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Posts from the ‘friendship’ Category

The Scent of Maple – A Short Story

“The Scent of Maple” is now available to read online in the Spring/Summer 2015 issue of Southwestern Oklahoma State University’s literary journal, Westview.

“The Scent of Maple” is a story about the unlikely friendship of a woman named Annie and a curious five-year-old named Ben. You can read it on page 15 of the journal here.

Hope you enjoy the story.

Westview Spring-Summer 2015

Advent & The Spending of Time

Earlier this year, I came across a survey about friendship. In it, respondents were asked what one thing their closest friend or friends did that they valued most & made their relationship genuinely close.

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In Memory of My Dear Friend, Suzi

Suzi (Susanne) Phaneuf
April 19, 1966 – August 29, 2011

What a rare blessing to be graced with a friend who is not just a friend, but a best friend, not just a best friend, but a sister. And that is who you are to me, Suzi…a sister. For just over two decades, we’ve walked through life together. We’ve grappled with what it meant to grow into adulthood & live out life, as followers of Christ day in and day out.

You’ve been an integral part of my life, Suzi. I have a treasure trove of memories, so precious to me. Time spent laughing, filled with joy over the most mundane things, not to mention the most exciting, too. Long talks while walking, travelling, visiting or just on the phone, filled with so much joy. Even in times of sorrow and tears, those difficult times were made more bearable, because of your laughter and your words of encouragement and wisdom.

A long time ago, you gifted me with a bookmark you’d made. On it are the words, “A friend hears the song in my heart and sings it to me when my memory fails.” Thank you for hearing the song in my heart, Sue. It’s an uncommon person who allows those around them to truly be themselves. Thank you for allowing me to be myself & for encouraging me to be the person God has called me to be.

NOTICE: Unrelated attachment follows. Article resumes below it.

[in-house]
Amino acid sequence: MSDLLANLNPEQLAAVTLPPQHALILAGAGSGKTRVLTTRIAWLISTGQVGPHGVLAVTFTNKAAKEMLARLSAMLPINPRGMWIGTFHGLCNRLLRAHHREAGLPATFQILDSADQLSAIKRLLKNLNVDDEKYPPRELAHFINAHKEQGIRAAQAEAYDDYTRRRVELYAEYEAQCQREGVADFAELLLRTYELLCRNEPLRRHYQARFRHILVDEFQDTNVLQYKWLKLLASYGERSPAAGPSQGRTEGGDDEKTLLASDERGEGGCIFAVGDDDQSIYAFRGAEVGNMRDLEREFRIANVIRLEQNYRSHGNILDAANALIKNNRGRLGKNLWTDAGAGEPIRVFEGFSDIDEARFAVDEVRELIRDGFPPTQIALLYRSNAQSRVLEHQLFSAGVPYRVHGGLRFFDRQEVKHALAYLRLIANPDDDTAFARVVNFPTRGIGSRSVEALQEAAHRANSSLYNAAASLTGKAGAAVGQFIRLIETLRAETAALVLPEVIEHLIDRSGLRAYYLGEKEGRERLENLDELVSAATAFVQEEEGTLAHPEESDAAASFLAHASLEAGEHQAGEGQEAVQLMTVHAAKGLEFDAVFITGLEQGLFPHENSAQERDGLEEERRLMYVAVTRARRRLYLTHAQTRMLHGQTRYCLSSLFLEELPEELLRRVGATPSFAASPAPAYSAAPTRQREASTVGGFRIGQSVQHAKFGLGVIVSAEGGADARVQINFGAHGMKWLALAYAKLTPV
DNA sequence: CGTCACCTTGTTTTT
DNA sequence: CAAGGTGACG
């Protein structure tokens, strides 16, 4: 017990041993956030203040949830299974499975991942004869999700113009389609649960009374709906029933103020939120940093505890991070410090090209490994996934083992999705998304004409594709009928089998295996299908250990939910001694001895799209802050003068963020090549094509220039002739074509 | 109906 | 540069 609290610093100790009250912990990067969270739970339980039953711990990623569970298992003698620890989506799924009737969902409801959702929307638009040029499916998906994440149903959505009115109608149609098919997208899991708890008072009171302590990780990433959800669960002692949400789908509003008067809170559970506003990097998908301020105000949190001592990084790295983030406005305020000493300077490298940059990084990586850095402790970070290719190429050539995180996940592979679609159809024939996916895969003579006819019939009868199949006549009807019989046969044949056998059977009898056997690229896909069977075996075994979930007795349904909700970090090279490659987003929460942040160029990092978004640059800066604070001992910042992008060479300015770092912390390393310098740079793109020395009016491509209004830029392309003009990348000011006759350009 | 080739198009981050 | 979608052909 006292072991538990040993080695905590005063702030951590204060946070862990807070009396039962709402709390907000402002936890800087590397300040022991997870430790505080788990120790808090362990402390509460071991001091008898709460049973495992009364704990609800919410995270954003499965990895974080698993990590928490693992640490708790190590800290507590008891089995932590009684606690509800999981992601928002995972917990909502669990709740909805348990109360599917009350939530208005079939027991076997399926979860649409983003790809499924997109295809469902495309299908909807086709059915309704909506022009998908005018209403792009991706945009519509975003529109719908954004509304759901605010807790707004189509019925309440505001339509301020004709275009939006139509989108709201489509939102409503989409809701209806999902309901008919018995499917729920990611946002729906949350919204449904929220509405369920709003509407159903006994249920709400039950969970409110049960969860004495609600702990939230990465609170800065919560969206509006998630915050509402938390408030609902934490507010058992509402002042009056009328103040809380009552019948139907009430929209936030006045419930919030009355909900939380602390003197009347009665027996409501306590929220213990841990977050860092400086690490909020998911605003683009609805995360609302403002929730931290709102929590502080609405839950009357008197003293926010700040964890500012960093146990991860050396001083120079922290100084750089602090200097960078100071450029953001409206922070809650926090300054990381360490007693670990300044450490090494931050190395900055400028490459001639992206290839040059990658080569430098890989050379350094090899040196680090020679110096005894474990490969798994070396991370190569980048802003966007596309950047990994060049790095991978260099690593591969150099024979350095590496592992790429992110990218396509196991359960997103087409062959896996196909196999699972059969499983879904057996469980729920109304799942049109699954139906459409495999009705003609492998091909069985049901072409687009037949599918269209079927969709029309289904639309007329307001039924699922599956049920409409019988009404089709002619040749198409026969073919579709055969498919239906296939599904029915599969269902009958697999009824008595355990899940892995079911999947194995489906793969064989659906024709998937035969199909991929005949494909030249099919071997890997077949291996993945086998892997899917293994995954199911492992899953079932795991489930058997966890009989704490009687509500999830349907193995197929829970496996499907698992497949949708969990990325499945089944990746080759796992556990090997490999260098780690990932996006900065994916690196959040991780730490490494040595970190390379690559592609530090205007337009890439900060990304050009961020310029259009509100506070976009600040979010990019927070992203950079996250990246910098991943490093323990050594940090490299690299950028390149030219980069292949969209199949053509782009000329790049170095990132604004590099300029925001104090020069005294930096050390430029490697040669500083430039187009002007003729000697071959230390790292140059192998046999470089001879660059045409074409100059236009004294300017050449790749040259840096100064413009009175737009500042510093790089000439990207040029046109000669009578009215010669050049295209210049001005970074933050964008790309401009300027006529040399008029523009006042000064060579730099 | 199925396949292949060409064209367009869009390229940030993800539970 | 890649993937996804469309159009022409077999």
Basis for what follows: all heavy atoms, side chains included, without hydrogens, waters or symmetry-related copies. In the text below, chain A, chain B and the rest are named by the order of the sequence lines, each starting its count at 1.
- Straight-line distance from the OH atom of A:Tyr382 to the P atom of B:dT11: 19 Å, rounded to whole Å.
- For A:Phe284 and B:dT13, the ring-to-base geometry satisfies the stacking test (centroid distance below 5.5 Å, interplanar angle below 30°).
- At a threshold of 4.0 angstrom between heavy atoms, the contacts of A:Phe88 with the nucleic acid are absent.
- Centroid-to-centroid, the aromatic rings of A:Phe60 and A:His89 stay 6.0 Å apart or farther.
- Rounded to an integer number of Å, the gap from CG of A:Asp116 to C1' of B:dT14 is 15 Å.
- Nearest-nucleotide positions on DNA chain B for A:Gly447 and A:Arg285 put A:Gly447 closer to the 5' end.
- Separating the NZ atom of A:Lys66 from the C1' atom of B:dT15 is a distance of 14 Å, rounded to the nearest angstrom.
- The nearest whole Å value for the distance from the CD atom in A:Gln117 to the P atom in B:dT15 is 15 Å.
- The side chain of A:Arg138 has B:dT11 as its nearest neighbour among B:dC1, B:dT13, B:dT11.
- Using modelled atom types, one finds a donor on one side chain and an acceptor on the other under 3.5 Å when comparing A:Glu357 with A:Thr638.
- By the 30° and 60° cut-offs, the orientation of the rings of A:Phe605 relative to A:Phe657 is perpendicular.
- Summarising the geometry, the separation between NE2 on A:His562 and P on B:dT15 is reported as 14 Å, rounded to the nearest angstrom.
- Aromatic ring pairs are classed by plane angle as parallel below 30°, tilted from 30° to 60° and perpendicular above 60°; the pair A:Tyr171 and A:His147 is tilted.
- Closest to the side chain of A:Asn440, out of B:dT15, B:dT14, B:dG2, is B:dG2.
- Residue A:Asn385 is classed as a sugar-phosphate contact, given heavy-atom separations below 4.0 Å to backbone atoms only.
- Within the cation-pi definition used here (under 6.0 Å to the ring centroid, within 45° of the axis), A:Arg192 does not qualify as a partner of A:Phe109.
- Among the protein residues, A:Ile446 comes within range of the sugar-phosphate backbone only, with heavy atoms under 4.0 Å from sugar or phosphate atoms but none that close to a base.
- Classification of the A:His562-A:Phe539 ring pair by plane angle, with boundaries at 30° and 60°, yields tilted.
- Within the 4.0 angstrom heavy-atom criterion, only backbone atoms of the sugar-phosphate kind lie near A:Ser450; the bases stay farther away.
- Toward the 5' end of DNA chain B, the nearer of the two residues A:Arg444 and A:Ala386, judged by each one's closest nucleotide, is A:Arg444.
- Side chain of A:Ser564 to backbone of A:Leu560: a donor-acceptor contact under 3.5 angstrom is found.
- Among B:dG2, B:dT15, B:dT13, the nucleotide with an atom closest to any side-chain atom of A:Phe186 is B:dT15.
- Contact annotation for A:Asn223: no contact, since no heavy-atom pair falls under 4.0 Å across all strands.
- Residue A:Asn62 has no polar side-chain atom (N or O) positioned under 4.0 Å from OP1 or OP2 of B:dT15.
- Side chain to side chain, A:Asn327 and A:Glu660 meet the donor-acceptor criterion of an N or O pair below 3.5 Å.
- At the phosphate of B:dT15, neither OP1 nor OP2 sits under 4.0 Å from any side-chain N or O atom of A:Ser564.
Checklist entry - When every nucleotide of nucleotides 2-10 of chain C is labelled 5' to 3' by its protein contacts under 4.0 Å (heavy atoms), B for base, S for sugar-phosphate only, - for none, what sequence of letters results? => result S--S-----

Michelangelo once said, “Every beauty which is seen here below by persons of perception resembles more than anything else that celestial source from which we are all come.” My beautiful friend, the resemblance is obvious in you. Thank you for shining His light into my life.

I miss you, my friend…and I’m holding on to those memories, knowing that one day there will be even more.

Suzi was a very gifted writer. If you’ve never read her writing before, please visit her blog, Shards of Light at http://shardsoflight.blogspot.com/. You will be most blessed.

“And Truth is strong.
Truth does not back down easily from a fight, because it doesn’t have to.
That Truth can shine alone in the dark, because it can.
Truth cannot be bullied.
That Truth does not change with the circumstances.

And the Truth is, that God is love. And He loves me. And He wants me to be the very best version of me, the one that He created. And that doesn’t include worrying about things beyond my control, but rather to trust in Him.

So today, no matter what happens, no matter what comes my way, I will stand firmly on Truth.

Standing anywhere else would be silly…”

Suzi Phaneuf

Becoming a Sheltering Tree – Friendship & Faith

“He will be like a tree
firmly planted by streams of water,
Which yields its fruit in its season
And its leaf does not wither;
And in whatever he does, he prospers.”
                                                 Psalm 1:3